A spoonful of sugar eases babies' vaccination pain
NEW YORK (Reuters Health) - Giving infants a small dose of a sugar solution just before they get injections seems to make the pain more tolerable, a study shows.
"Administration of 2 milliliters of a 24% oral sucrose solution 2 minutes before routine immunizations is effective in decreasing maximum immunization pain and shortens the time before returning to a near normal state in infants at 2 and 4 months of age," the research team reports in the medical journal Pediatrics.
Dr. Linda A. Hatfield, at the Pennsylvania State University School of Nursing in University Park, and her associates gave the sugar solution to 38 infants and plain water to 45 infants before they were to get a series of injections.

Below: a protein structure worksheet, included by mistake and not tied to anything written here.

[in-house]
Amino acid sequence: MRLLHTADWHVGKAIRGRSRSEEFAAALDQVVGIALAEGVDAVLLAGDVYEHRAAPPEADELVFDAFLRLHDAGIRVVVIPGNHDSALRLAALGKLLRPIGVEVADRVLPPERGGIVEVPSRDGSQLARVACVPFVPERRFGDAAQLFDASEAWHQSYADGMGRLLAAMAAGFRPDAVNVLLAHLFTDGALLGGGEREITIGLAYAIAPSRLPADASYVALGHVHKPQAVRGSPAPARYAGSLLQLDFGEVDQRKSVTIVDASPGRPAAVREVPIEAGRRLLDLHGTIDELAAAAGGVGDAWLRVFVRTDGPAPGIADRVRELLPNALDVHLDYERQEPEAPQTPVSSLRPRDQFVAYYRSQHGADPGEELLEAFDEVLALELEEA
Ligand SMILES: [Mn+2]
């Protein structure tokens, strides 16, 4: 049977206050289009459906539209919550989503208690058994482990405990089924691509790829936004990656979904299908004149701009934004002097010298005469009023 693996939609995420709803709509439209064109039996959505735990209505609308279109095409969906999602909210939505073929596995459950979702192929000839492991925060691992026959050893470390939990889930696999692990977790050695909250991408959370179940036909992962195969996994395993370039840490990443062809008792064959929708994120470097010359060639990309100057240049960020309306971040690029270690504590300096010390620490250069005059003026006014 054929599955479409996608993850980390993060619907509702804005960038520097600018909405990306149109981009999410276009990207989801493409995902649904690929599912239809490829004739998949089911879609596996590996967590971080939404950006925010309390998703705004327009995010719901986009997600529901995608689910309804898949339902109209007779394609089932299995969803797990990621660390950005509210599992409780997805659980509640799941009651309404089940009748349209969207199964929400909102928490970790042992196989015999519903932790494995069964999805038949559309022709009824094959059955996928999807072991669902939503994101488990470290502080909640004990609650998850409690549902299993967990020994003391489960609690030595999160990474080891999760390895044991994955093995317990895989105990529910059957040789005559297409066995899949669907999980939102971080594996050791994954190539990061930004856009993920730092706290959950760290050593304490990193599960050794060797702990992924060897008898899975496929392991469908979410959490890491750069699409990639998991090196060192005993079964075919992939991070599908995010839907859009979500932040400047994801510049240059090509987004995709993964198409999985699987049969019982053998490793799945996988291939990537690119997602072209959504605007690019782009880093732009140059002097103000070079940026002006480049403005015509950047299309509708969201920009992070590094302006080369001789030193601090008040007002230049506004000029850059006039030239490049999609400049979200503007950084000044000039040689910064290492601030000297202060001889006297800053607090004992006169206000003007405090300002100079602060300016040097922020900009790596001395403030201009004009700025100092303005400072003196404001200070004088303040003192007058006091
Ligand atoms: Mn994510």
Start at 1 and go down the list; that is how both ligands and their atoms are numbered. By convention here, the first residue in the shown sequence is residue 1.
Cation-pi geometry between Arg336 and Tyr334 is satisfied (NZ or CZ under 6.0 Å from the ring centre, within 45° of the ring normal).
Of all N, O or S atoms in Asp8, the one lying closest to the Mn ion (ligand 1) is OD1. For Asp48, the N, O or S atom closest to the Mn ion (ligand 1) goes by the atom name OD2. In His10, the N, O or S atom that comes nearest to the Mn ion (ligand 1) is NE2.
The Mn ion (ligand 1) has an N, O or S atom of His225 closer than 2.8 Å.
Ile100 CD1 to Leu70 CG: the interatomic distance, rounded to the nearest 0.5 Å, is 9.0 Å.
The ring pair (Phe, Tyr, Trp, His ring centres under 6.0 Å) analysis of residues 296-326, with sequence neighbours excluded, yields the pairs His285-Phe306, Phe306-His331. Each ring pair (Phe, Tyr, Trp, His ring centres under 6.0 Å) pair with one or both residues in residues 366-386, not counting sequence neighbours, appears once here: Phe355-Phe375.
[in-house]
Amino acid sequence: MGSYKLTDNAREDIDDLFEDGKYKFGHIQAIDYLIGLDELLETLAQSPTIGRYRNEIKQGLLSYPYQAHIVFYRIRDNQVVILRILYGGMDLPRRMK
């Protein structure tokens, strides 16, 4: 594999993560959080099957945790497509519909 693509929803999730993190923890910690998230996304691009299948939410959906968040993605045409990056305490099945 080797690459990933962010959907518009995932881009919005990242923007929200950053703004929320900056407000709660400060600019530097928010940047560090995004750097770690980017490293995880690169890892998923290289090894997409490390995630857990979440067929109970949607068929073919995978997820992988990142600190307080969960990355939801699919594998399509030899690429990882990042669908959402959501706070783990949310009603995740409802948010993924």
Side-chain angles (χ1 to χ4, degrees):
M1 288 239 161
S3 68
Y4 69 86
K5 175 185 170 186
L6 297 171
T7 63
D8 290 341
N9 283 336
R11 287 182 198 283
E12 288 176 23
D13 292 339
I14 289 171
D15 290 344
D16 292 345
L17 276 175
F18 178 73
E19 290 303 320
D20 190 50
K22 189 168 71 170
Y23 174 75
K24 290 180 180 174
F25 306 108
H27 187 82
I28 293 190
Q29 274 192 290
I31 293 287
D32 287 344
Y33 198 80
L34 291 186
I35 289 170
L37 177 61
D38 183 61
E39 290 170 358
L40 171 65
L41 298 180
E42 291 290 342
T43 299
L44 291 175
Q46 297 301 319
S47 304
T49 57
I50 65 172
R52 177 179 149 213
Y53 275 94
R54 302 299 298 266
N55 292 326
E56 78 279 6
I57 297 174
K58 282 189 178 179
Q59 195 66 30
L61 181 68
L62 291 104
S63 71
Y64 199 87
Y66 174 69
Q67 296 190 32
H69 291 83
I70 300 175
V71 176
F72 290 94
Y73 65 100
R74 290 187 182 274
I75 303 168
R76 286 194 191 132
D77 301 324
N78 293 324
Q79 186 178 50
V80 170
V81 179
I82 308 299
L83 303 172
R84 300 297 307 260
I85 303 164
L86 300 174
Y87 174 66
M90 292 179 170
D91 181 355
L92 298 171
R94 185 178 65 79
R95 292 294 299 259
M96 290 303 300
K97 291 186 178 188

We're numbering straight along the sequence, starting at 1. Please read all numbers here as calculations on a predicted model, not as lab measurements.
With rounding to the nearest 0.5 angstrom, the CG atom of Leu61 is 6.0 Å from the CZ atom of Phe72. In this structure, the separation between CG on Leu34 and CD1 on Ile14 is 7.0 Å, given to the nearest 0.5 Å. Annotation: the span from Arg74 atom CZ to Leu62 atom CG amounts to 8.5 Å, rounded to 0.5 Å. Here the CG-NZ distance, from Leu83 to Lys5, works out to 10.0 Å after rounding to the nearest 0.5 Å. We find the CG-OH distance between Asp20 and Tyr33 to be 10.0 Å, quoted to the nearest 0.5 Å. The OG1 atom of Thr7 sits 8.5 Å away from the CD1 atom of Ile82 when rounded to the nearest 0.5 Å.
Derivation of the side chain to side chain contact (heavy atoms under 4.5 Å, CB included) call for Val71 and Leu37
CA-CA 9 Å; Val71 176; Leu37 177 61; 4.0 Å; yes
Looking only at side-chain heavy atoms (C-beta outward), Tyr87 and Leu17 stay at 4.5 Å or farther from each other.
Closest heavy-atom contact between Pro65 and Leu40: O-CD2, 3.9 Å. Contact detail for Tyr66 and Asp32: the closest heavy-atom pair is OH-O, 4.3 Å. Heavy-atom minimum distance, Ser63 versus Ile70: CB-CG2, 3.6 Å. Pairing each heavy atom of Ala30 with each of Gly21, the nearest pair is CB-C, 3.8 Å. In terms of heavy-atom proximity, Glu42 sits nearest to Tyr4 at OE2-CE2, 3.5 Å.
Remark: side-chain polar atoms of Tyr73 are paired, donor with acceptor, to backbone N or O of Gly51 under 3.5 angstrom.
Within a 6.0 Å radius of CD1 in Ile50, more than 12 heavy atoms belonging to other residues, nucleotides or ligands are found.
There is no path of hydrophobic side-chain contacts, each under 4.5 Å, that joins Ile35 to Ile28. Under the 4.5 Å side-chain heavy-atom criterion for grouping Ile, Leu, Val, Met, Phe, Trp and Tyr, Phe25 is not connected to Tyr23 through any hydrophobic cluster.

The first, second and third injections were administered at 2 minutes, 5 minutes, and 7 minutes after the solutions were given.
To assess the babies' experience of pain, the investigators used a validated composite pain scale that measures crying, facial expression, behavior, body movement, and sleep. The scale goes from 0 to 5, with higher scores representing greater pain. Pain was assessed immediately after each injection, and at 9 minutes.
Scores ranged from 1.19 to 3.80 immediately after each injection in the group given the sugar solution, versus 3.02 to 4.81 in the group given water. At the 9-minute assessment, mean scores were 0.59 and 2.75, respectively.
"Although sucrose did not eliminate pain at any point in time," Hatfield and her associates write, "other pain reduction or comforting measures (acetaminophen, distraction, holding, feeding, etc) used in conjunction with sucrose administration could provide additional comfort for infants."
SOURCE: Pediatrics, February 2008.